Why the distrust of Froome?
News article published on: 11th May 2019
With Kenya and UK hero Chris Froome storming into the lead in the first mountain stage of the Tour de France, many Brits will be watching to see whether the cycling genius can take the trophy home to the UK for the second time – and the third time ever for a Brit, all in the last four years.
Although I am an avid fan of Froomey and am disgusted that a spectator allegedly threw urine in his face mid ride, with so many fallen stars in the annals of the Tour’s history – Lance Armstrong and Alberto Contador are two of many who have won it while in breach of doping regulations and , you can’t but help wonder if the cynics are right.
If you know nothing about professional cycling, here’s a serious contender for the General Classification (GC) race you don’t want on the podium – Alberto Contador.
Contador for me is the Gollum of the Tour de France. He’s technically won the overall GC race twice, but proven to be doping in the 2010 edition. After being found out, he still raced in the Tour in 2012, suggesting that his suspension could be delayed until the end of the race. They let him, too!
The fact that this man is even on a bike as a professional shows the light touch of the authorities in regards doping. Yes, every professional is tested regularly, but once a doper, always a doper. In the climate of distrust then they should give life bans for illicit drug taking unless absolutely proven that it was accidental.
Team Sky have taken a vigorously anti doping stance. In theory at least all of their cyclists in the team are clean, and brilliant for it. With the recent reputation of the Tour de France as being a blood doper’s paradise, they have real problems when the likes of Chris Froome smashes the field apart on the way up the Pyrenees mountain stage.
Speaking of the latest allegations that he was cheating, Froome said in an interview with Sky Sports, “I do understand where the questions are coming from, the history of the sport and the people before me who have won the Tour. I am sympathetic, but at the same time there needs to be a certain level of respect also.”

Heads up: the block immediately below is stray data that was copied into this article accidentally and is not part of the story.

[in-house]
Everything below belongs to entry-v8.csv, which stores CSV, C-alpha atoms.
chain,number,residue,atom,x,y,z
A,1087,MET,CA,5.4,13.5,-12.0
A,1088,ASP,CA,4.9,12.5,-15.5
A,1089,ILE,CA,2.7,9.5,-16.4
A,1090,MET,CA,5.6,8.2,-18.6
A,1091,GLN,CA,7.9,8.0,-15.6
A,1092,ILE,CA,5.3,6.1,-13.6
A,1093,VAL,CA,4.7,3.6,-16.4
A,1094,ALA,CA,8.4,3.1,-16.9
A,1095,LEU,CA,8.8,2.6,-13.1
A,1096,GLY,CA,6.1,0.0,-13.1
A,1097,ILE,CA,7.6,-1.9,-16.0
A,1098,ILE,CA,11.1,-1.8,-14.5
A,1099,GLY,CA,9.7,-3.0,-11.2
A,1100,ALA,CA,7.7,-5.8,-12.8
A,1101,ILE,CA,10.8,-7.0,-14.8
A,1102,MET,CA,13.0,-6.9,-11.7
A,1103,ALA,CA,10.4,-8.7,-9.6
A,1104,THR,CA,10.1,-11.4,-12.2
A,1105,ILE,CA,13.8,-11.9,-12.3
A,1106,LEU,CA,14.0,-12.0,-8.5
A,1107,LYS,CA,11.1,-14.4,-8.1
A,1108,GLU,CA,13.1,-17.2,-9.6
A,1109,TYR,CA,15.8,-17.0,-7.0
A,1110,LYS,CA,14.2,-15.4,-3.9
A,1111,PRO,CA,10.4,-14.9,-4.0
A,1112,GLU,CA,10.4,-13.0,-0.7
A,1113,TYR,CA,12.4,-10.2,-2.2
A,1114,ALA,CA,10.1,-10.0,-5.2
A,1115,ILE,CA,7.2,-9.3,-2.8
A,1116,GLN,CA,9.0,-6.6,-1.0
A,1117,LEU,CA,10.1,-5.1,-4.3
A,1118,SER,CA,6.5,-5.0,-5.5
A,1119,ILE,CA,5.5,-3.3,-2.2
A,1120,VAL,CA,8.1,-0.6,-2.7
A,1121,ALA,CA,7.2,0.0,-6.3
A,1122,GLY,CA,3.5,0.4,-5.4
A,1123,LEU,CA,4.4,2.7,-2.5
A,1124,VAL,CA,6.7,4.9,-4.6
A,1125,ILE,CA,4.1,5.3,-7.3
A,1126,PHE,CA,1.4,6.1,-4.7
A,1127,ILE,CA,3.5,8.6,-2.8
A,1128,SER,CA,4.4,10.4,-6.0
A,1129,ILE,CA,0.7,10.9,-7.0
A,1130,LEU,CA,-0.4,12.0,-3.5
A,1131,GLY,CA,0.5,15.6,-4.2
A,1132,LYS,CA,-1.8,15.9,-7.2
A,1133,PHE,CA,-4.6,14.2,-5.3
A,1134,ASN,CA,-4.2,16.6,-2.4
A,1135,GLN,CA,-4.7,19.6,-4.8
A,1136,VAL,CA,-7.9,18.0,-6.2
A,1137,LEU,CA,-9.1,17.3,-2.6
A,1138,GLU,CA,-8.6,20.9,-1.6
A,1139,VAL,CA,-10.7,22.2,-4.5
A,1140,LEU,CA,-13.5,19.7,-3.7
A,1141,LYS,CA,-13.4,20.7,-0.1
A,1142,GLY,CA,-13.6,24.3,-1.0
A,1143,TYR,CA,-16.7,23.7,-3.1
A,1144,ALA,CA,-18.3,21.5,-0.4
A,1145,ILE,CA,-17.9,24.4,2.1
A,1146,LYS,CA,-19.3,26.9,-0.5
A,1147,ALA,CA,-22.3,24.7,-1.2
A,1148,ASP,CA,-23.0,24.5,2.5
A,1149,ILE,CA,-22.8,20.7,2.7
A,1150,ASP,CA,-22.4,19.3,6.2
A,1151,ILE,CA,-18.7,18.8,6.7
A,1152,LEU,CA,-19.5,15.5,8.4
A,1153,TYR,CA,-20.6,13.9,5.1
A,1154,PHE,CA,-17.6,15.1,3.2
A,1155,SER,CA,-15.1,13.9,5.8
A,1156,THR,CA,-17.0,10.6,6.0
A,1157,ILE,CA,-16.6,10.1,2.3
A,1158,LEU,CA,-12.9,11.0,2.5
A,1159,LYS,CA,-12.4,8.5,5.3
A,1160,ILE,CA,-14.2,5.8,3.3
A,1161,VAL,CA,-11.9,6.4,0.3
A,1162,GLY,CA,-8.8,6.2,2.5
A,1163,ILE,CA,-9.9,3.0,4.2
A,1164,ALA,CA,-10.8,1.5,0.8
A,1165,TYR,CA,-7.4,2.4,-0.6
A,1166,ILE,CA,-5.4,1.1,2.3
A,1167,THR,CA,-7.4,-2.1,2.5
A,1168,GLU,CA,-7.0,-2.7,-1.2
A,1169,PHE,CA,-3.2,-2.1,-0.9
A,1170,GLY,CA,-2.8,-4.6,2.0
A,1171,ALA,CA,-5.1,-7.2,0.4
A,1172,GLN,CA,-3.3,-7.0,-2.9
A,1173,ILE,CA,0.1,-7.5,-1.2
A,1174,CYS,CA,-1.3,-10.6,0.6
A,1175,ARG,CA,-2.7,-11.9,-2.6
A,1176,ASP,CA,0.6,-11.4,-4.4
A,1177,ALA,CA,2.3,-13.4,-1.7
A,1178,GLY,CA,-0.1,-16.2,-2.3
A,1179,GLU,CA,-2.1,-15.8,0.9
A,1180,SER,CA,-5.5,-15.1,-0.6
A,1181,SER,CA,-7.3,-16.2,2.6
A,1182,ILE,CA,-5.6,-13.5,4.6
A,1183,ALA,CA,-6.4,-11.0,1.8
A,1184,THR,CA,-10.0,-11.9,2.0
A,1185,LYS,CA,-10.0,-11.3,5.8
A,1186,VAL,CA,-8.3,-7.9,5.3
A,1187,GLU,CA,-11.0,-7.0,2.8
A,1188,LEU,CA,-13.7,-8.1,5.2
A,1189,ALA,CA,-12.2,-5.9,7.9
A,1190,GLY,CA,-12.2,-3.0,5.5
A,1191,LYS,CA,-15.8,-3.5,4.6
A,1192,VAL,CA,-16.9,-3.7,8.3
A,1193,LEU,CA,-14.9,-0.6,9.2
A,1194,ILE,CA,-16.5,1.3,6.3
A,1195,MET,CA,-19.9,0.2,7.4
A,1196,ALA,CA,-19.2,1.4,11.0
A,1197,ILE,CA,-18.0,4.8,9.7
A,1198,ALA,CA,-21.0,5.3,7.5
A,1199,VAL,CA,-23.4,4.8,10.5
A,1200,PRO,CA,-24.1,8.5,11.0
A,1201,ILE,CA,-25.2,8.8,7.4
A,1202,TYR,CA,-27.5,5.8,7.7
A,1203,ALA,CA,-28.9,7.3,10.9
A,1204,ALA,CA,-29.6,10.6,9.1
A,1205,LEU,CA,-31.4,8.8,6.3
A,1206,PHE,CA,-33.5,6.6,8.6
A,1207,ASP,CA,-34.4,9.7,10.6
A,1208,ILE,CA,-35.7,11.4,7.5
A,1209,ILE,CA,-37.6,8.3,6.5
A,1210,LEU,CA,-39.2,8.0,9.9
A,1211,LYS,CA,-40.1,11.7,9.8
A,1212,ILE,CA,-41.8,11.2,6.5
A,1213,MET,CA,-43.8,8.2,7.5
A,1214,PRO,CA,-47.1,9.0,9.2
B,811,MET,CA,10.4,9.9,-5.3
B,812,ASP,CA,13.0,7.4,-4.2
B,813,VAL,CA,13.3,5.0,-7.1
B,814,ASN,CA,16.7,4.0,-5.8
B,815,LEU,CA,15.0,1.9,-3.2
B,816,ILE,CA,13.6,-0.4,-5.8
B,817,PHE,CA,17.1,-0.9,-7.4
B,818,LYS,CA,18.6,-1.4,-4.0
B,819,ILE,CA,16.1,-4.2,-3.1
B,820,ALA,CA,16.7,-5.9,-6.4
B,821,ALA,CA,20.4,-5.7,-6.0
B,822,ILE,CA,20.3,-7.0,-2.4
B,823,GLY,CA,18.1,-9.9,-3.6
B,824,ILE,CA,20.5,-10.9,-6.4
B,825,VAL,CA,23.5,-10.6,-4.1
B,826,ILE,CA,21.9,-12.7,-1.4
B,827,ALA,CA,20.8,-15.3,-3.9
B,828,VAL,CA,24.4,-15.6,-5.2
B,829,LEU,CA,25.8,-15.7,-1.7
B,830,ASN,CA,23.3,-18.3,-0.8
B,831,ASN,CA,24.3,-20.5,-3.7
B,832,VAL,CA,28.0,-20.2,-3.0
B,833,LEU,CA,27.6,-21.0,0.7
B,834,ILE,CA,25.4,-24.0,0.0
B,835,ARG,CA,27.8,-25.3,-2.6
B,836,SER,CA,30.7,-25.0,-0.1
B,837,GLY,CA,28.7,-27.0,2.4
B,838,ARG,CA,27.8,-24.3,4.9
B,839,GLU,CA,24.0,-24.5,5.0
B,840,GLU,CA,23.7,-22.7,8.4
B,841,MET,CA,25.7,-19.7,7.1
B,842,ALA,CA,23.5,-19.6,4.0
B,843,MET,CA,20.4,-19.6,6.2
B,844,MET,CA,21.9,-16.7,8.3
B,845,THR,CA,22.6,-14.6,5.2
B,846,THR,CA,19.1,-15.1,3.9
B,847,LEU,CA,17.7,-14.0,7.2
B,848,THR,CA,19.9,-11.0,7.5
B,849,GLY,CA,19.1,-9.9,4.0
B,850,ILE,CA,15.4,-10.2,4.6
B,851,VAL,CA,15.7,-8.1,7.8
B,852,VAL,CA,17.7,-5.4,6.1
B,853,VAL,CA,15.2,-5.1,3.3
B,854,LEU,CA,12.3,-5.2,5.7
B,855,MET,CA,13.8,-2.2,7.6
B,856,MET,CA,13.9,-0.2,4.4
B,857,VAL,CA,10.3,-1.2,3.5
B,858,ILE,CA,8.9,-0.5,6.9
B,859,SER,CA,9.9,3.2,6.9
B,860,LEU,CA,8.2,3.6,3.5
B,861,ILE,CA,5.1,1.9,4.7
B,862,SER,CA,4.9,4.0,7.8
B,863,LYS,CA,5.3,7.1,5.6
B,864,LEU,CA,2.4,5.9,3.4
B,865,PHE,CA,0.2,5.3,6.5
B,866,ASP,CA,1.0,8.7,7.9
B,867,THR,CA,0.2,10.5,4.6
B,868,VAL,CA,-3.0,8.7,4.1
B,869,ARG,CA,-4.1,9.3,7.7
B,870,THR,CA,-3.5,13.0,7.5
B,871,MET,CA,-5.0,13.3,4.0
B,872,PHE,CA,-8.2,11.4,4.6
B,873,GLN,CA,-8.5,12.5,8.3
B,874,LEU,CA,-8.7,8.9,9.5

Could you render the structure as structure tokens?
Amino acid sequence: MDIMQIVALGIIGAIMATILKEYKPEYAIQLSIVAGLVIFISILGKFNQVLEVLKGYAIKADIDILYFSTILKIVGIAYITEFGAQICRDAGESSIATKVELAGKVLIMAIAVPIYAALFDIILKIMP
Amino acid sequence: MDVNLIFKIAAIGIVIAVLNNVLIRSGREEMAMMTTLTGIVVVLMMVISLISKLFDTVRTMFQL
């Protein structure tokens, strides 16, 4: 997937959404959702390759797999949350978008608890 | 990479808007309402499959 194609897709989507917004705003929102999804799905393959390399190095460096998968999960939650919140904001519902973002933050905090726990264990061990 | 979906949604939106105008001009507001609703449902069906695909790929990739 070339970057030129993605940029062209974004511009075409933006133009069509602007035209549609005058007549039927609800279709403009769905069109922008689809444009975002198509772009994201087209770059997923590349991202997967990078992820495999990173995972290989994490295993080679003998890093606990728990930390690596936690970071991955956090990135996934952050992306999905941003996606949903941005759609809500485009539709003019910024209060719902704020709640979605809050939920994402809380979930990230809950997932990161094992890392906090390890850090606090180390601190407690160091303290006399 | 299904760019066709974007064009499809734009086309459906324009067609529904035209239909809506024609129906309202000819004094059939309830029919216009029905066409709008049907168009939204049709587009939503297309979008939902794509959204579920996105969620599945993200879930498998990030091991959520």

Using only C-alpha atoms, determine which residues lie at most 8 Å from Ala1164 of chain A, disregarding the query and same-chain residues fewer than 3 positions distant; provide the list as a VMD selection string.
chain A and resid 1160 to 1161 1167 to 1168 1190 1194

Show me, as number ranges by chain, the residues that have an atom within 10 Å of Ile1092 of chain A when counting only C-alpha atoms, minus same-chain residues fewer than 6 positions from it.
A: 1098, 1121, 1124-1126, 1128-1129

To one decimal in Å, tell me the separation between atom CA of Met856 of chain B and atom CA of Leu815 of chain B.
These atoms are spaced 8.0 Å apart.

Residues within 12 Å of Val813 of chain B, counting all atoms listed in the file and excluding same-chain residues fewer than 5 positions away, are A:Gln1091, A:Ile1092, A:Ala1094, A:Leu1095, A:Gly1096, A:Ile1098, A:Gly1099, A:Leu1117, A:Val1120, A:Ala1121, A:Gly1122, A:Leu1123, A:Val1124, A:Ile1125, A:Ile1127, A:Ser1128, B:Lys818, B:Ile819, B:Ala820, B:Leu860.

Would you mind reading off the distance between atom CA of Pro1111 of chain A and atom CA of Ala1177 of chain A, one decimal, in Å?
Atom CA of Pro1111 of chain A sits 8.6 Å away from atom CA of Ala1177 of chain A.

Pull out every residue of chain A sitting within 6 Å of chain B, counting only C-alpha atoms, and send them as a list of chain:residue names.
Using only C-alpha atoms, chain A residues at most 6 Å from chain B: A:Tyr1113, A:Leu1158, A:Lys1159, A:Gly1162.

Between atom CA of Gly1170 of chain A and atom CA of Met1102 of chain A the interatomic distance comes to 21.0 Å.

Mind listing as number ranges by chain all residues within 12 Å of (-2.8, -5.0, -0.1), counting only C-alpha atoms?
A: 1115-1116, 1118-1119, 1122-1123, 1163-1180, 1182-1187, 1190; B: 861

Didn’t Armstrong say similar?
Where I want to believe this guy, and will follow his race all the way to Paris on ITV4, I remember watching Lance Armstrong denounce allegations of drug taking, even while doing it over several GC wins.
Time is a great healer, and if we do get a run of say, a decade where no GC winner in the Tour de France has been busted for using drugs to smash the field apart on the epic climbs of the Alps and Pyrenees, then people like me may start giving credit where credit is due.
My message to those heroes of the greatest cycle race in the world? Impress us, don’t depress us. Impress us with your battles through the mountains – don’t depress us with positive dope test results. All of you who win better be clean. Why? If not, even the cleanest and best will be doubted otherwise. All of the 150 odd cyclists in the race must be clean in order for the one on the podium to avoid negative headlines every five minutes.